Social media moves so fast, it's hard to keep up. Here are the week's top stories in scan-friendly format:

  • Popular Social Networks Experience Outages
  • Majority of Americans Research Online Before Buying
  • The Troubles in Trying to Repeat the "Old Spice Guy" Effect
  • Tumblr Adds New Functionality to Queues

Popular Social Networks Experience Outages

Two social sites, Facebook and Foursquare are feeling growth pains, it seems. Foursquare, the popular location-based social network, spent much of the early part of this week dealing with outages and frustrated users. The social network based on checking-in to a location and sharing facts and tidbits about locations was down for much of Monday and even experienced hiccups into Tuesday.

Ever since Facebook Places launched this summer, Foursquare has seen a spike in new user sign ups, and as any Twitter user knows -- massive growth is hard to handle and blackouts can occur.

Facebook users also found the service to be unavailable recently. This outage comes off an extended outage about two weeks ago.

As the social web starts to go mainstream, these service outages and technical problems will undoubtedly continue. It's a good plan to have a backup when it comes to communicating with your friends and family if you rely heavily upon social networking sites.

Majority of Americans Research Online Before Buying

According to research from the Pew Internet and American life Project, almost 60% of Americans say they perform online research before buying products and services. This is up from 49% of those who said they conducted the same research on products in 2004.

Not only are more folks doing their homework when it comes to buying products, they're also sharing their opinions online. To this end, 24% of American adults say they've posted comments or reviews online about the products and services they buy. More folks are shopping online as well, up from 36% in 2004 to 62% today.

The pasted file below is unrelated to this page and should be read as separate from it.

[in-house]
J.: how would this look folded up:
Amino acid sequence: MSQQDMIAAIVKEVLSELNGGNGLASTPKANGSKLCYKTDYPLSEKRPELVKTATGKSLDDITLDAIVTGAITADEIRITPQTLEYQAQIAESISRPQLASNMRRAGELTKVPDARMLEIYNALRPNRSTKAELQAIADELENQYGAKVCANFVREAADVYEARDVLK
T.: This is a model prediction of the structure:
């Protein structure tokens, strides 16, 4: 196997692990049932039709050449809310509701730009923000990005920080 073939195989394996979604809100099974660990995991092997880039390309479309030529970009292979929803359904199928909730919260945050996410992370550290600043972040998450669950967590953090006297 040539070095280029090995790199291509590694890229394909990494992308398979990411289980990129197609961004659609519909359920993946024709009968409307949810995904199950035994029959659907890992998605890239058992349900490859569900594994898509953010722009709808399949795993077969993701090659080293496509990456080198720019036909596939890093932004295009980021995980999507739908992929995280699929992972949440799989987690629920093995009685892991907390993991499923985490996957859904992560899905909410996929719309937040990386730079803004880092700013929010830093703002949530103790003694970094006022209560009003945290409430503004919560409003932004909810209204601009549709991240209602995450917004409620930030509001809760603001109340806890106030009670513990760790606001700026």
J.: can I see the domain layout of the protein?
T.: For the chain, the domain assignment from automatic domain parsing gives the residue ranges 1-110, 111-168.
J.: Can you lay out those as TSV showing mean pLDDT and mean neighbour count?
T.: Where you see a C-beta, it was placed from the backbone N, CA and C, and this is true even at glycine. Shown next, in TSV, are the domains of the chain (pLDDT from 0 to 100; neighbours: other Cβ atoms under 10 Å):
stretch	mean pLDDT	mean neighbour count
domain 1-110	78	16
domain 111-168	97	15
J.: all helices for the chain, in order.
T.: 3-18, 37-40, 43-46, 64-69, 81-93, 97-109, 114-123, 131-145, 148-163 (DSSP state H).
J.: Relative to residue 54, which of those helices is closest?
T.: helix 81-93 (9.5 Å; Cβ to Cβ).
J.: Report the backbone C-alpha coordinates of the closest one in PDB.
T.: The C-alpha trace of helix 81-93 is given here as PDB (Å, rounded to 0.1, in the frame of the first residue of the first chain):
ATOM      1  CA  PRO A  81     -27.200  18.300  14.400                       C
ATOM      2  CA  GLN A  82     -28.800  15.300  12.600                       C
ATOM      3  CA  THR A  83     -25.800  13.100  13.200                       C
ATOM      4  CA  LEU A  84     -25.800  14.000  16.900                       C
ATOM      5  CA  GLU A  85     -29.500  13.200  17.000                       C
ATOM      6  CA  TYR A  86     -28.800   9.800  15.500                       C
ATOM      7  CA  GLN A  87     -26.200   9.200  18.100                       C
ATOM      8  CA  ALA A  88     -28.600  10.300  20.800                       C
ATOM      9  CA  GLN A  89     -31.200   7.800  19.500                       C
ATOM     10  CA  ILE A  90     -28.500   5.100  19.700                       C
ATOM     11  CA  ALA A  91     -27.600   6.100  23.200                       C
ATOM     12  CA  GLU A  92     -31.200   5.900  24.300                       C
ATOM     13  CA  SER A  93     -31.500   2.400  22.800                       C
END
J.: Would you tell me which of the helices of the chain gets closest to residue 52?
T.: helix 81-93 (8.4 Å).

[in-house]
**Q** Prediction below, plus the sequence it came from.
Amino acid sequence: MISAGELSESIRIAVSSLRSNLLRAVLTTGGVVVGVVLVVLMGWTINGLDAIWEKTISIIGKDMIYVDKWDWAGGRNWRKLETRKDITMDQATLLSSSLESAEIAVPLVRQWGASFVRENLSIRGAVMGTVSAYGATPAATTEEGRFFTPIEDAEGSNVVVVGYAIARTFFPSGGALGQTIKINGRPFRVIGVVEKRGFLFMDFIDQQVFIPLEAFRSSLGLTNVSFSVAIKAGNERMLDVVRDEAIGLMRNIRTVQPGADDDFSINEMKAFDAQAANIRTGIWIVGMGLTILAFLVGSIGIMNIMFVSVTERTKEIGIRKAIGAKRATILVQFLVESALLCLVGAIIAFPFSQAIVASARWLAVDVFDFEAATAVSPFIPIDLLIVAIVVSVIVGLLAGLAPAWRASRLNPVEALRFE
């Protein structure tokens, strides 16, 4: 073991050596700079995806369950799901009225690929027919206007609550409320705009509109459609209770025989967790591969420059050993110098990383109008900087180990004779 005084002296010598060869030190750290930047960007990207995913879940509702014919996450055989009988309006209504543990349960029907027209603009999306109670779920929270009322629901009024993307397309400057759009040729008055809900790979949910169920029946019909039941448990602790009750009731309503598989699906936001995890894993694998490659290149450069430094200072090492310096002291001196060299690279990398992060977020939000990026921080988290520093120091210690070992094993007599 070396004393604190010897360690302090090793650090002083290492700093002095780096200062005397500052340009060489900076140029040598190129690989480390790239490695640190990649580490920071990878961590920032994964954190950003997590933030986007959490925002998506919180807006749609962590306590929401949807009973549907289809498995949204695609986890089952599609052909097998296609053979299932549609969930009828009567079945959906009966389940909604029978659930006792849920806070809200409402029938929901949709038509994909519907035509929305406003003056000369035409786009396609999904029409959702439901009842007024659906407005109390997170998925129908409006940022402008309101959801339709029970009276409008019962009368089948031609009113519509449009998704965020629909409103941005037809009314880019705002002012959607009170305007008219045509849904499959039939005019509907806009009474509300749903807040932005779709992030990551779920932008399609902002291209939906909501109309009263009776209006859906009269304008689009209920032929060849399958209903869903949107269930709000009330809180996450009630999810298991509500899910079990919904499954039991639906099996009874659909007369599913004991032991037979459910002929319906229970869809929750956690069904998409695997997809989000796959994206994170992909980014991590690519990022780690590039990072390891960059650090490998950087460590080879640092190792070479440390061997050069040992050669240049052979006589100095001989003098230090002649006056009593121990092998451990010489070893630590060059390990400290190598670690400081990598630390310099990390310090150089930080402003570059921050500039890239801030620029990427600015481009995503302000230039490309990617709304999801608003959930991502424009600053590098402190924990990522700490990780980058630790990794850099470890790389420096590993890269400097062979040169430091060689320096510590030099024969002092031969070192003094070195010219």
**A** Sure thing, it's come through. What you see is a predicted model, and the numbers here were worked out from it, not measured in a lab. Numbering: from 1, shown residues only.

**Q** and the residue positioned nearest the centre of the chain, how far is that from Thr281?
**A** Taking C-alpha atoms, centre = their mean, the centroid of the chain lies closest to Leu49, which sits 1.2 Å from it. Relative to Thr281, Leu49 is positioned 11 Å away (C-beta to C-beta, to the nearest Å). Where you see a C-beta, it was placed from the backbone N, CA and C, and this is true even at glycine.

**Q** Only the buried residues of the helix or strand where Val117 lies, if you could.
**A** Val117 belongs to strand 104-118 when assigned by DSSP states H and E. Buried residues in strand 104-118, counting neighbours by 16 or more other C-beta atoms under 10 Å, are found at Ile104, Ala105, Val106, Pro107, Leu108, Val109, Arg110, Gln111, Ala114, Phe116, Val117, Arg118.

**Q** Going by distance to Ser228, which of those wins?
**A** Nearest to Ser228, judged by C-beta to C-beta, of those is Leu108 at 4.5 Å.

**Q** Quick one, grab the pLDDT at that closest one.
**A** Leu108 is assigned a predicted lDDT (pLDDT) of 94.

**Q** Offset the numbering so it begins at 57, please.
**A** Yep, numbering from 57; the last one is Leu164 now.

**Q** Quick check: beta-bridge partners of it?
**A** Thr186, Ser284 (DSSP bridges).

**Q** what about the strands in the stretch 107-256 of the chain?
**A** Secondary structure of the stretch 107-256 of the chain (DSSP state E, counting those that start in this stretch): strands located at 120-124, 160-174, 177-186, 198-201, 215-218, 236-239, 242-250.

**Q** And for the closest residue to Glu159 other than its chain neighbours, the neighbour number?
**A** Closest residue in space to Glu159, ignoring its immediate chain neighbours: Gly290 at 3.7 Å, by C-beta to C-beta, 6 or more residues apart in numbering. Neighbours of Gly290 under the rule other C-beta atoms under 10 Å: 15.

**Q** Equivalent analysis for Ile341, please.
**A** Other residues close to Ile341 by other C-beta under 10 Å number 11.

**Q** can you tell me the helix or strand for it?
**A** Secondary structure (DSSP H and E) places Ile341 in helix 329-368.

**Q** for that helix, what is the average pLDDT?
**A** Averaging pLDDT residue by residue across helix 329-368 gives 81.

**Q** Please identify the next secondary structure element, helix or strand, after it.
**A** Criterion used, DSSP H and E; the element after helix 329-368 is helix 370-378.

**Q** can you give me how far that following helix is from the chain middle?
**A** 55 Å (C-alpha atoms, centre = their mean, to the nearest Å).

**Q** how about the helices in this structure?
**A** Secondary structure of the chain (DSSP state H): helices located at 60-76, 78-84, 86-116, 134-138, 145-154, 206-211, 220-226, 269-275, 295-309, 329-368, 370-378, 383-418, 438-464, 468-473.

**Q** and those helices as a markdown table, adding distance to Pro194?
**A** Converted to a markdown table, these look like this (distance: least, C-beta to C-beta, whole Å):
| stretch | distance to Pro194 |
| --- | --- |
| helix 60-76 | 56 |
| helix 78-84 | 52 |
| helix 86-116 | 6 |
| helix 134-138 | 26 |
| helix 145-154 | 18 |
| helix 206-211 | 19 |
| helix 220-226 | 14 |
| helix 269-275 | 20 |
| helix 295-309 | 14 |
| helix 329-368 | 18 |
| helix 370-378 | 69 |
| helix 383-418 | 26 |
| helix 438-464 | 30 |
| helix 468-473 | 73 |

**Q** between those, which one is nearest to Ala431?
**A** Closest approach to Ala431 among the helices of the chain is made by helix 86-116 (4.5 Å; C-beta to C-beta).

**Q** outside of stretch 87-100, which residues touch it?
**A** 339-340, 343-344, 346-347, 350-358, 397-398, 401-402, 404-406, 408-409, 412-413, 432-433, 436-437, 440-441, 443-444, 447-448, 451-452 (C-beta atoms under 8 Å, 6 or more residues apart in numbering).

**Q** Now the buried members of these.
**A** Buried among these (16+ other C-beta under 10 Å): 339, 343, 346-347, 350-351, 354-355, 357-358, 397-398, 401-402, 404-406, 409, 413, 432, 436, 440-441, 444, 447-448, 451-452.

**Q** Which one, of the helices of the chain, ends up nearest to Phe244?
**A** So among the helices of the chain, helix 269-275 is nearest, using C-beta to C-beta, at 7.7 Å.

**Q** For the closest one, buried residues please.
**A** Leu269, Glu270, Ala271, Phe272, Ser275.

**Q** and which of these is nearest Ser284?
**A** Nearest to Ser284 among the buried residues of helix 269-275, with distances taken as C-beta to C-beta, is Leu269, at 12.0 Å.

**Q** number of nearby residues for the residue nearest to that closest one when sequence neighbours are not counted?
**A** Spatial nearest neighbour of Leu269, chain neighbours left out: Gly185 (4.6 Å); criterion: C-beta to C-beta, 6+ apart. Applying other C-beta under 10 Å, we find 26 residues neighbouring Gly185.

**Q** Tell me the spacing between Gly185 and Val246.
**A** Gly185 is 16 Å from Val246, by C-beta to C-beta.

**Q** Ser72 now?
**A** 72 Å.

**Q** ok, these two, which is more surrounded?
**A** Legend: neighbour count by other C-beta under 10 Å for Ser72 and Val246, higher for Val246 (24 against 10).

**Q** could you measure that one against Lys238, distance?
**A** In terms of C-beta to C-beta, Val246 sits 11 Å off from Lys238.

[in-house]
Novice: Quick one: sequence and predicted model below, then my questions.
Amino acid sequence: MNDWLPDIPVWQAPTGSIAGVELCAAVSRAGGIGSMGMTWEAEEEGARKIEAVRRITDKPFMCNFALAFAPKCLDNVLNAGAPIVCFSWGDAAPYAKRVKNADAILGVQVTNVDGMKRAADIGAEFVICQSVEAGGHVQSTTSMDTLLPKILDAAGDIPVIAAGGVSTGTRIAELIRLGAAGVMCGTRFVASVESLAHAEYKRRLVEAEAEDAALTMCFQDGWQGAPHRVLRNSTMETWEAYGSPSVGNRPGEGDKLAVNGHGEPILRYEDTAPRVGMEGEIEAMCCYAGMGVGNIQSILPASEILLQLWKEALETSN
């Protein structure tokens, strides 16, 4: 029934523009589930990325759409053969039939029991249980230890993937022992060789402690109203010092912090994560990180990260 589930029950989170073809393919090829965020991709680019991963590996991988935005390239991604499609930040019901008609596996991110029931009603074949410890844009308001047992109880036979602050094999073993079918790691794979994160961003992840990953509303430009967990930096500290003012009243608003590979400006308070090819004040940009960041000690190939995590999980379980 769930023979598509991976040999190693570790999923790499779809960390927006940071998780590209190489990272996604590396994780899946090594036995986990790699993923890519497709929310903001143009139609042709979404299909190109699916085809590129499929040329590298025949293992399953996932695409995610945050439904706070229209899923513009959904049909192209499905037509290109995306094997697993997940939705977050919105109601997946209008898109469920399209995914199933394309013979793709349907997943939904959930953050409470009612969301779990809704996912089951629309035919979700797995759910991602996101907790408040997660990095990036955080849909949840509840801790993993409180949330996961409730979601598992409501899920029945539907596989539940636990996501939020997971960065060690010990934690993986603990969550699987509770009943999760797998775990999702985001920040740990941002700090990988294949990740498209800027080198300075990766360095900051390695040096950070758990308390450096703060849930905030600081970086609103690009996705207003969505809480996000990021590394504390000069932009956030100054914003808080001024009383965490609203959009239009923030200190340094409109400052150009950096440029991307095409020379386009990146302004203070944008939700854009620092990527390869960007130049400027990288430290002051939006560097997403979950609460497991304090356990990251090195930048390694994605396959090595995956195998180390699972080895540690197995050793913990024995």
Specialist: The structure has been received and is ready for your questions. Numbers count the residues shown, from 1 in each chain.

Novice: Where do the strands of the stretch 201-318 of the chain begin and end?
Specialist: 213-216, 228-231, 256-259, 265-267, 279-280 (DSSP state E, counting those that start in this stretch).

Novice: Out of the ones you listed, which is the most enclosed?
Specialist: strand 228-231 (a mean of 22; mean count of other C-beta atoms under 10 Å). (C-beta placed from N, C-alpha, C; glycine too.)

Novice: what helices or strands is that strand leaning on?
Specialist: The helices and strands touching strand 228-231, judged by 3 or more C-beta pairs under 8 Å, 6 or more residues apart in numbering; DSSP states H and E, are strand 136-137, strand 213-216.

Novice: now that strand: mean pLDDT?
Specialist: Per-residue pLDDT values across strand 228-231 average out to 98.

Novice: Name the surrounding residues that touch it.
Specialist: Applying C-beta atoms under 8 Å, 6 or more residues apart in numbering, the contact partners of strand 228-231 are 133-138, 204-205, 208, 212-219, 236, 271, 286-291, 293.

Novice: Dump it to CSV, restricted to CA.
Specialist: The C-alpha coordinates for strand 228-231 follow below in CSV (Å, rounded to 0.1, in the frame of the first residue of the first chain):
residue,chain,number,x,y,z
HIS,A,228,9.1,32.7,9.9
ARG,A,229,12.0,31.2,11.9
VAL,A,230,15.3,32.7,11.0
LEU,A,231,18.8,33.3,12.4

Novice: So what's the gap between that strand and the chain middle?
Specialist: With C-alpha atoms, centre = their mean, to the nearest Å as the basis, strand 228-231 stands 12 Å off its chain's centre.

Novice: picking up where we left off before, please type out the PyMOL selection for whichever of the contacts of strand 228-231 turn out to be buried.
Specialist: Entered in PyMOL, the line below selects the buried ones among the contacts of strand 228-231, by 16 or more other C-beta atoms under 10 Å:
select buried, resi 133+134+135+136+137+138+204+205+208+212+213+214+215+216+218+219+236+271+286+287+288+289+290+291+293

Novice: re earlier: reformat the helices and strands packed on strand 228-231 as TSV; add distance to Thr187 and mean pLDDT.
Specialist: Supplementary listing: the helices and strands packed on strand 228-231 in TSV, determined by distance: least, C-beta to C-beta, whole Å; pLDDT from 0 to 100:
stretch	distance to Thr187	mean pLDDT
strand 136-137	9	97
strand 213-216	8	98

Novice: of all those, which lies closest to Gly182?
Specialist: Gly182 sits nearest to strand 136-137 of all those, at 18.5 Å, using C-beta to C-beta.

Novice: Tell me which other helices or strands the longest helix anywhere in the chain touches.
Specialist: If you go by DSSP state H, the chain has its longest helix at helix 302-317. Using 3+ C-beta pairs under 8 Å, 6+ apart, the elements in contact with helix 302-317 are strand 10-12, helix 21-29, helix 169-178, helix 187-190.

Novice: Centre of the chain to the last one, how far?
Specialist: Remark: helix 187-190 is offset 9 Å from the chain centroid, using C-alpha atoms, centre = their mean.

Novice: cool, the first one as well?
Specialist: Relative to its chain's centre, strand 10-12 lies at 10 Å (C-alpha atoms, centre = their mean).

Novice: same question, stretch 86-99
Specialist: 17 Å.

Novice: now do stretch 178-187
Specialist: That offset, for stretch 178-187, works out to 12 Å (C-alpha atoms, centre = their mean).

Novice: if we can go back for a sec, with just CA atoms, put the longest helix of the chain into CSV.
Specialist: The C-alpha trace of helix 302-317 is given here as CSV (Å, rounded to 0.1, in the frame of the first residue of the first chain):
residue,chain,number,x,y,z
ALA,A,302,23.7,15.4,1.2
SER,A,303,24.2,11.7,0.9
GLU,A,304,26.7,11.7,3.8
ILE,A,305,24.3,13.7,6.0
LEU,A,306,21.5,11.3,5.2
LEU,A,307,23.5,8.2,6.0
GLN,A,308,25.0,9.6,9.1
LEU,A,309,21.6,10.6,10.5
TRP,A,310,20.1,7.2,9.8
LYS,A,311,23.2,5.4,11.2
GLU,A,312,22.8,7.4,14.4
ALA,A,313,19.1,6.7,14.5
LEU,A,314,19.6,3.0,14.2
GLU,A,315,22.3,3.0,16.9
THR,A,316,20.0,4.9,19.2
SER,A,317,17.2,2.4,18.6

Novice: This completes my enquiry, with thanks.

These statistics show that more and more consumers are using the Internet to be smart about the products and services they buy. Not only that, but they are looking to one another for authentic opinions and experiences with these products. It would be interesting to know what sites people utilize to share product research the most; whether it's folks leaving reviews on sites such as Amazon.com or using social networks.

The Troubles in Trying to Repeat the "Old Spice Guy" Effect

Social networking and social marketing make it quite easy to get a marketing campaign up and running. By utilizing a Facebook page or profile and a Twitter account, getting set up to deliver a message is easy and takes little time or capital investment. However, marketers trying to stand out on social networks need to tread carefully, according to a report from Forrester Research.

Because Generation Y users communicate online with hundreds of Facebook and Twitter contacts and countless more on other social channels, marketers face an uphill battle in overcoming all the noise and standing out. GigaOm tracks the research and points out that just 18 percent of those surveyed follow a brand on Facebook and only 6 percent have read a company or brand's blog.

To stand out against the crowd, social marketers are urged to create very interesting content that folks can easily consume. Another helpful tip, meet your audience where they're engaging online. For instance, if the audience you're looking to market to isn't active on Facebook, don't forget about email or other traditional methods for marketing campaigns.

Tumblr Adds New Functionality to Queues

Tumblr is a blogging platform that is a bit different from more popular packages such as WordPress. Tumblr allows for quick, easy-to-read posts that often consist of a picture or short quote. Tumblr users can blog more quickly because of the nature of Tumblr's use and style.

To enable scheduling of future content, Tumblr utilizes a facility called the Queue, which allows you to post content at certain intervals. Up until recently, utilizing a queue has been very difficult, but with a new update, the process has become much easier. Tumblr users can now drag and drop items to schedule them in a user-friendly manner. This change, along with a few other user experience changes have added to an already-strong platform.

Are you a tumblr user? Do you prefer this way of managing a blog or website versus using a more traditional system such as WordPress or Blogger? We can't wait to see your comments below!